Another non-negligible cost of 64 bits computing is the impact on memory bandwidth. Using 64 bits integers also means, basically, using twice as much memory whenever an integer is used. While this has a moderate impact when the value is a register (as the instructions may, or may not need the 48 operand size opcode prefix), this may prove quite a problem when large amounts of data are read and written to memory—whether in cache or main memory.

Taking back my old sorting algorithms suite (for which you can find a tutorial here (but in French)), I compared the performance by using int as int32_t then as int64_t for the values to sort.

Using int64_t for the value type, I noticed an important pessimization of performances. In 64 bits mode but using 32 bits integers, the suite runs the series of tests in about 9.2s average time, while using 64 bits integer, the performances drops noticeably to 9.7s average time. In this first test, I used arrays of 10,000, which fits in cache memory. Boosting the array sizes to 1,000,000, they clearly do not fit in cache and the performance difference is even more striking. From a mere 5% more, the cost of using 64 bits integers grows to 17% (or so): from 1m23s, the run time grew to 1m37s! 1

So what is the morale of the story? Using int64_t carelessly 2, incurs a performance penalty on AMD64 processors. Not only does it uses more memory—potentially causing further delays due to cache trashing—it also cause instructions to be longer, therefore larger code size (more thrashing, although probably not very severe) and somewhat slower code. That’s a bummer because it mitigates the boons of 64 bits computing in a way I didn’t expect. At least on the x86 platform, as I surmise that other, saner, architectures, like the MIPS or the Power Architecture, deals much better with 64 bits instructions than the AMD64 instruction set.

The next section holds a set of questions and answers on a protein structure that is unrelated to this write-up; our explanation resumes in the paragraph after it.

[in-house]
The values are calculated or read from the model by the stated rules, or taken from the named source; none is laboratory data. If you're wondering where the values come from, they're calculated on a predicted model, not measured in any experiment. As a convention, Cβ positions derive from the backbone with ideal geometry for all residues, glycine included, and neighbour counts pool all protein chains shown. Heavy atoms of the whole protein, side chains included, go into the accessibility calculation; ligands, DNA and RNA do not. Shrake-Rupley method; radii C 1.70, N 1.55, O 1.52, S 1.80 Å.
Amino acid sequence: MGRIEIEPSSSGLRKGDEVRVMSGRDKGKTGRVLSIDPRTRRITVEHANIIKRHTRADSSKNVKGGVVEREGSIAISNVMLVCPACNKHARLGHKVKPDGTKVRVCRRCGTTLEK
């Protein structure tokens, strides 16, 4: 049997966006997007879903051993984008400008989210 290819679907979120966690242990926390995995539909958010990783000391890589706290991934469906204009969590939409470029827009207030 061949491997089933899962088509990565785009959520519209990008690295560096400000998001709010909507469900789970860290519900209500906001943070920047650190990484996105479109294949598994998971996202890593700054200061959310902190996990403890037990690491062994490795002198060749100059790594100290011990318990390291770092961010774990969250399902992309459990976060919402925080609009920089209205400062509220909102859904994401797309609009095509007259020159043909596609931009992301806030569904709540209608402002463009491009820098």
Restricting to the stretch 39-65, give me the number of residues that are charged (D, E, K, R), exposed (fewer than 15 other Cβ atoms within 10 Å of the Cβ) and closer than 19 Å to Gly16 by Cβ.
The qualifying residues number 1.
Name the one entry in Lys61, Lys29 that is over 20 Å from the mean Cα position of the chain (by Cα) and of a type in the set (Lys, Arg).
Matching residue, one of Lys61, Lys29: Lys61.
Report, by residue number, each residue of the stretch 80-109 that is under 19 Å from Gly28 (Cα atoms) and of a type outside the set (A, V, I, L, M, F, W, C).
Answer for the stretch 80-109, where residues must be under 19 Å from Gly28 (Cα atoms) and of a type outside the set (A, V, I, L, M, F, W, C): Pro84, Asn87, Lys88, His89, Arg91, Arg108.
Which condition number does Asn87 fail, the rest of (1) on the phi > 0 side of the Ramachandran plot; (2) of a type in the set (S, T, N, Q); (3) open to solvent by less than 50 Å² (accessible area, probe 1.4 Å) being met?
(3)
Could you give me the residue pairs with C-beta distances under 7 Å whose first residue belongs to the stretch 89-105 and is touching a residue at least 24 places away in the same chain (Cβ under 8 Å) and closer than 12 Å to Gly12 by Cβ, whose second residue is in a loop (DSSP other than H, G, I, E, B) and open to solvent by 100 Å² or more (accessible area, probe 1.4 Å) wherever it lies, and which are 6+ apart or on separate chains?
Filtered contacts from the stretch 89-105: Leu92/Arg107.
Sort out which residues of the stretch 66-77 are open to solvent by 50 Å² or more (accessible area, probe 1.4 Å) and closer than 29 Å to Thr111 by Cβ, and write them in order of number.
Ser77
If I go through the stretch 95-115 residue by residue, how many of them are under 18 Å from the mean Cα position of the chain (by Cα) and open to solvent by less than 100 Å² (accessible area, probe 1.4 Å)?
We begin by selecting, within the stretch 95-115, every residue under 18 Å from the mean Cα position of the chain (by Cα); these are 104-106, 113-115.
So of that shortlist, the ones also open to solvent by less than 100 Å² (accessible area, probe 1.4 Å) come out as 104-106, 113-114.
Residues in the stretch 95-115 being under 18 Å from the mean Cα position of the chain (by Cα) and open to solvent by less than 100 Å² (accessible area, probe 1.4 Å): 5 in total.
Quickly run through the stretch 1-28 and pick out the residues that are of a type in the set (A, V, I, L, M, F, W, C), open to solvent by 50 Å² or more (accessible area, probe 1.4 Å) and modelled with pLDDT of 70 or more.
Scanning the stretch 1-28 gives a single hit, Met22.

To make sure you’re using a smart data type for your application, use the platform-safe basic types definitions from C99’s <stdint.h> and from <stddef.h>. In particular, <stddint.h> provides definitions such as int_fastN_t, where N is 8, 16, 32, or 64. These definition provides the user with the fastest, platform-dependant, integer types that provides at least the number of requested bits. You may get more, but never less. These types, while they may appear cumbersome to use, are a great way to write portable yet faster software.

1 I also removed the bubble-sort like algorithms, because it’s likely that I’d still be waiting for the results.

2 Some software do get a massive speed-up from 64 bits arithmetic. For example, OpenSSH encryption/decryption is twice as fast.

One Response to The LP64 model and the AMD64 instruction set

  1. […] One possibility is to use the machine specific integer types to do all the work for us. Using the standard C library <stddint.h> header that provides types such as int16_t, we can create a fixed point number, one that is friendly to the machine’s natural register sizes. On 32 bits x86, those are 16 and 32 bits registers. On a 64 bits machine, we could still use 32 and 16 bits (and I’ve already explained why). […]